Noah Baumbach’s been on a hell of a run the last few years: the gloriously featherlight palate cleanser of “Frances Ha” was followed by “While We’re Young,” the director’s most accessible and popular film to date. That run continues with “Mistress America,” which like ‘Frances,’ was shot on the DL and is co-written by and stars his muse and other half Greta Gerwig, but is somewhat different. Breakout Lola Kirke (sister of “Girls” star Jemima) plays a young college freshman just starting at Columbia who befriends her new step-sister Brooke (Gerwig), leading to a Bogdanovich-ish comedy that plays, according to our review, like a “millennial riff on ‘His Girl Friday,’ with a rapid-fire delivery minus the traditional romance.” A “super rich, funny and layered” picture anchored by another great turn by Gerwig and a “luminous” one by Kirke, this is likely to be one of the breakout indie comedies of the year.
When Can The Rest Of Us See It? Fox Searchlight release the film on August 14th.

Queen of Earth” [Our Berlin review]
A highly-strung, hormonal, claustrophobic film featuring two knockout central performances from Elisabeth Moss and Katherine Waterston (and a great supporting turn from Patrick Fugit), Alex Ross Perry‘s follow-up to “Listen Up Philip” retains DP Sean Price Williams‘ grainy aesthetic and the general air of misanthropy, but changes up just about everything else. A see-sawing power play between frenemies, “Queen of Earth” unfolds in in often merciless closeups as Catherine (Moss) retreats to her friend Virginia’s lake house following a bad breakup. Old rivalries, new jealousies and bitter resentments surface between the two young women, yet there’s an oddly touching acceptance of each others’ horribleness underneath. As an expose of entitlement and self-absorption among privileged white girls floundering in the adult world, it’s certainly not for everyone, but this sort of unapologetic histrionics hasn’t been in vogue since Fassbinder, and Perry might just be the one to resurrect the subgenre of the female meltdown melodrama.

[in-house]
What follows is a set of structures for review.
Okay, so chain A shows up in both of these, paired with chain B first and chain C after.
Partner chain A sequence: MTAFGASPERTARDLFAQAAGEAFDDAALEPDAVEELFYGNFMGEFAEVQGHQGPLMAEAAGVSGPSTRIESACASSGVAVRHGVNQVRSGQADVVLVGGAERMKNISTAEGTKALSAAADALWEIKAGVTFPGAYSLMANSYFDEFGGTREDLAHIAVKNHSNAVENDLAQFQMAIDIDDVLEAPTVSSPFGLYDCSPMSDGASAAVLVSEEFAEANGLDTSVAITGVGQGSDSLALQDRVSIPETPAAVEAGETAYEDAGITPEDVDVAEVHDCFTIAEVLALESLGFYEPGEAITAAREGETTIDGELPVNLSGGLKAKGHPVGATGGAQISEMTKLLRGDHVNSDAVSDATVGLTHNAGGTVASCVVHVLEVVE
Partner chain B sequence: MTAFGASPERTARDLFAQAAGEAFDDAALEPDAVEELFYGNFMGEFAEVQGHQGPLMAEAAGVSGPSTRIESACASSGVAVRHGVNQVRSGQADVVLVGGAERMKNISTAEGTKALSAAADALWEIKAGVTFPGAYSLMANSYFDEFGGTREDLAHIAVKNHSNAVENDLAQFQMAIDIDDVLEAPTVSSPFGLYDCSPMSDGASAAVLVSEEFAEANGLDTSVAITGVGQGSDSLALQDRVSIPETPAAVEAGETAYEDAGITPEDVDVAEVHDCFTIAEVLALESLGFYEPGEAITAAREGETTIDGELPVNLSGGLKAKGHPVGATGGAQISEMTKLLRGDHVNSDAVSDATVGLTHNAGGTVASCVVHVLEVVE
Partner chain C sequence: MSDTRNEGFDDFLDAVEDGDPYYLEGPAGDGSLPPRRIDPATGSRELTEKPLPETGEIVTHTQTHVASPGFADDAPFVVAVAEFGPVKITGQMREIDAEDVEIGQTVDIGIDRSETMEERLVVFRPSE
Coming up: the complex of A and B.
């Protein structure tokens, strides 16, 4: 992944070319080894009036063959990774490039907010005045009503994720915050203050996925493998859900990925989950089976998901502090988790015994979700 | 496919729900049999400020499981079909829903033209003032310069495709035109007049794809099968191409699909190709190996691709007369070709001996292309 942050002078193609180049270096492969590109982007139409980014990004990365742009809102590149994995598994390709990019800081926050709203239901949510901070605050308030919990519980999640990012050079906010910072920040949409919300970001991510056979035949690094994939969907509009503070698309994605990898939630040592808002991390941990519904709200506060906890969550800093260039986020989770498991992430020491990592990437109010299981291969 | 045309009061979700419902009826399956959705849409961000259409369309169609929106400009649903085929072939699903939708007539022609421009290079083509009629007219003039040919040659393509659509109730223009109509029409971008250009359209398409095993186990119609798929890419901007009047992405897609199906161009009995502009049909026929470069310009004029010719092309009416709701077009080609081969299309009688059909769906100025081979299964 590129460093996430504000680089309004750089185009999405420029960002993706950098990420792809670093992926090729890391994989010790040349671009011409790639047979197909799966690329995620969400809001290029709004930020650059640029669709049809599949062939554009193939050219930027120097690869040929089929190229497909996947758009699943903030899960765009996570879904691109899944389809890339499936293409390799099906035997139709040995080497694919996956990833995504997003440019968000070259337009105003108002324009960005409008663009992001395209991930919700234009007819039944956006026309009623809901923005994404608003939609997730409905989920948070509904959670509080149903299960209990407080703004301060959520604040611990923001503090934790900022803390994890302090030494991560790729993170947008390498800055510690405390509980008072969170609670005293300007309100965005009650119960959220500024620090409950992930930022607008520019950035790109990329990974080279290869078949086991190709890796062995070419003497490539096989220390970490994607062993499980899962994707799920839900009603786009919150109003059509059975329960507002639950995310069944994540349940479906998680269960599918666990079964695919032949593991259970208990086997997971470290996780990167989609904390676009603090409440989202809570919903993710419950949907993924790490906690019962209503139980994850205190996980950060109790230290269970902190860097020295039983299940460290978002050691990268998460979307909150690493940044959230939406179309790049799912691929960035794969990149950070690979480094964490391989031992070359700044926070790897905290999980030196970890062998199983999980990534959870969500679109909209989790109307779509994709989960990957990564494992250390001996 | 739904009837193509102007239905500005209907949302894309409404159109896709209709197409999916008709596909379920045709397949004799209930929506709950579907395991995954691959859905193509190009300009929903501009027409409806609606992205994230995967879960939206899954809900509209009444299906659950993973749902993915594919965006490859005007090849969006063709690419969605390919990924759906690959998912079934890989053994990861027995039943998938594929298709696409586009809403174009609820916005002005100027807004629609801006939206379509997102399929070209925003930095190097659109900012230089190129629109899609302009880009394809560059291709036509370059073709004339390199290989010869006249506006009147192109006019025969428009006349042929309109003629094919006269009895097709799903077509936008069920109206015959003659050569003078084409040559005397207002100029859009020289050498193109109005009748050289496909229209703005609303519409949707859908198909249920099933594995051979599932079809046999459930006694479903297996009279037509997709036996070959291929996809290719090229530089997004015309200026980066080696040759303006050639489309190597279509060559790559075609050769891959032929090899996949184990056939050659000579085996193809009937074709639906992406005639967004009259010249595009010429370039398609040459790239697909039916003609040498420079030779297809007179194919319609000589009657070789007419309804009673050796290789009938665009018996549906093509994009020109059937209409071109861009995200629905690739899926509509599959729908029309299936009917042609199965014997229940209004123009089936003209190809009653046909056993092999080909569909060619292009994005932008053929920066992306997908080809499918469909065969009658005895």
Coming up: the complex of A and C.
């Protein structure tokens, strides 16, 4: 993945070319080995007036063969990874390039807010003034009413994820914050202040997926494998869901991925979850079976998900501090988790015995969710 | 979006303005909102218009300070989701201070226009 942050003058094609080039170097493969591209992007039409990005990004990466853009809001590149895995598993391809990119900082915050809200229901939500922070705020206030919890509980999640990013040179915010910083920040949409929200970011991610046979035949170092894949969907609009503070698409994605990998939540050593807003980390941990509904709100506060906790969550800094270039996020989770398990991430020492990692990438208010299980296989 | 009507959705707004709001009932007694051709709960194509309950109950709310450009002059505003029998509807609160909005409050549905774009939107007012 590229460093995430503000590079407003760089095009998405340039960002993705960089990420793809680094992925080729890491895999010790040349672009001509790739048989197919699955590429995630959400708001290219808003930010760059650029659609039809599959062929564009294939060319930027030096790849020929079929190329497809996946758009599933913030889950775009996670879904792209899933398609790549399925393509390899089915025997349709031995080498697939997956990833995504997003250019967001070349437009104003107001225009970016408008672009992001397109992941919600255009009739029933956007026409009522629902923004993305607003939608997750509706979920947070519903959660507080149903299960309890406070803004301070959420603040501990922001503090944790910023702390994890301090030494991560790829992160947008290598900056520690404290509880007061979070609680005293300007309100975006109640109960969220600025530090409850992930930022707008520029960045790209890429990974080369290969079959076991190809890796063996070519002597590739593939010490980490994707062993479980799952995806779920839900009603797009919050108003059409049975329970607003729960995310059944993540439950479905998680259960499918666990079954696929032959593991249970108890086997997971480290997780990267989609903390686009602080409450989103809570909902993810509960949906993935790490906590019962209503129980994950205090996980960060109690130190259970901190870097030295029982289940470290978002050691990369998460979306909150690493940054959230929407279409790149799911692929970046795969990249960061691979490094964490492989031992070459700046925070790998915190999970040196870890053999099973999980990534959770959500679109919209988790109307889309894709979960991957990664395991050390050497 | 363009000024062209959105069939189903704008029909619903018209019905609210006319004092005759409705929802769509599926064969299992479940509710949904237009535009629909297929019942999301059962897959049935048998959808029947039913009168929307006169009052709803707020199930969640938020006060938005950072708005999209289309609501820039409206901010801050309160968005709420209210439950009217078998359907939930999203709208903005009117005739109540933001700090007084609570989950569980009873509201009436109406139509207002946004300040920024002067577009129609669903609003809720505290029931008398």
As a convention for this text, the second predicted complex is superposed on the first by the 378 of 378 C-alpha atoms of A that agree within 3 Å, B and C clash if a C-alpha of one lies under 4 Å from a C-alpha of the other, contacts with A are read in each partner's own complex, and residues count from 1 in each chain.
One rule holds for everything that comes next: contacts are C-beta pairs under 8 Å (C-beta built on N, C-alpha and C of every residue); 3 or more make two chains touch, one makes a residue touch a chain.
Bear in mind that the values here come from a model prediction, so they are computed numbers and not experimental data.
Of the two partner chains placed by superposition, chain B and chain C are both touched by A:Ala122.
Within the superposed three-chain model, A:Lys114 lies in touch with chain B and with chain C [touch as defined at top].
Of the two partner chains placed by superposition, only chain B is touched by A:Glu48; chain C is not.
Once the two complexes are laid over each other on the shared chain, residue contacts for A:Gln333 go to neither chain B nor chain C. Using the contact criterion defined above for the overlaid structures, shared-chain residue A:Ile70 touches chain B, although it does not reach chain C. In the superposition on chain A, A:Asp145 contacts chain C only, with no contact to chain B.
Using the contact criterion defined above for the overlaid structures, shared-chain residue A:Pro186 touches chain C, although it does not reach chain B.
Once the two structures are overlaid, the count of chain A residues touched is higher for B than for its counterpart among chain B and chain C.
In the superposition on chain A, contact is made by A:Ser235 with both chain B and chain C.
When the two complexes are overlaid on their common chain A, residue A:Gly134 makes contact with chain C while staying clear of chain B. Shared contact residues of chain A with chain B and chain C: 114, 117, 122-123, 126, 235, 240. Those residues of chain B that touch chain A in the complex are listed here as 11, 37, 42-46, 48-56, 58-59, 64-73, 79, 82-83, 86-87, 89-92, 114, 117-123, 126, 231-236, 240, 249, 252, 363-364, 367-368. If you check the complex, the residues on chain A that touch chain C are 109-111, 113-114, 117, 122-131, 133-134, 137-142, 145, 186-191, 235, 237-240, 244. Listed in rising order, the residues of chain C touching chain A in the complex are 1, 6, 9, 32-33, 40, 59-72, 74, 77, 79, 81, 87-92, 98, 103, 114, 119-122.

When Can The Rest Of Us See It? The Match Factory picked it up in Berlin, no date set yet.

The Stanford Prison Experiment” [Our Sundance review]
The 1971 experiment by Dr. Philip Zimbardo that divided students in roles of prisoners and guards in an attempt to examine the psychological effect of incarceration has inspired a number of movies already, from Oliver Hirschbiegel’s “Das Experiment” to a ropey DTV Adrien Brody vehicle, but none have been as true to life or as gripping as Kyle Patrick Alvarez’s “The Stanford Prison Experiment.” Led by Billy Crudup and featuring a terrific cast of rising stars including Michael Angarano, James Frecheville, Ezra Miller and Tye Sheridan, it’s a “clinical but deeply engrossing” film, according to our Sundance review, with a “super economical” script by Tim Talbott, Alvarez “staging the hell out of the movie” and an “insanely stacked cast.” Likely to attract theater foyer arguments as long as it plays, it led to our reviewer experiencing “one of the most striking, spine-tingling shared cinema experiences I’ve had in my life,” and if that isn’t a recommendation, we don’t know what is.
When Can The Rest Of Us See It? IFC release the film on July 17th.

Tangerine” [Our Sundance review]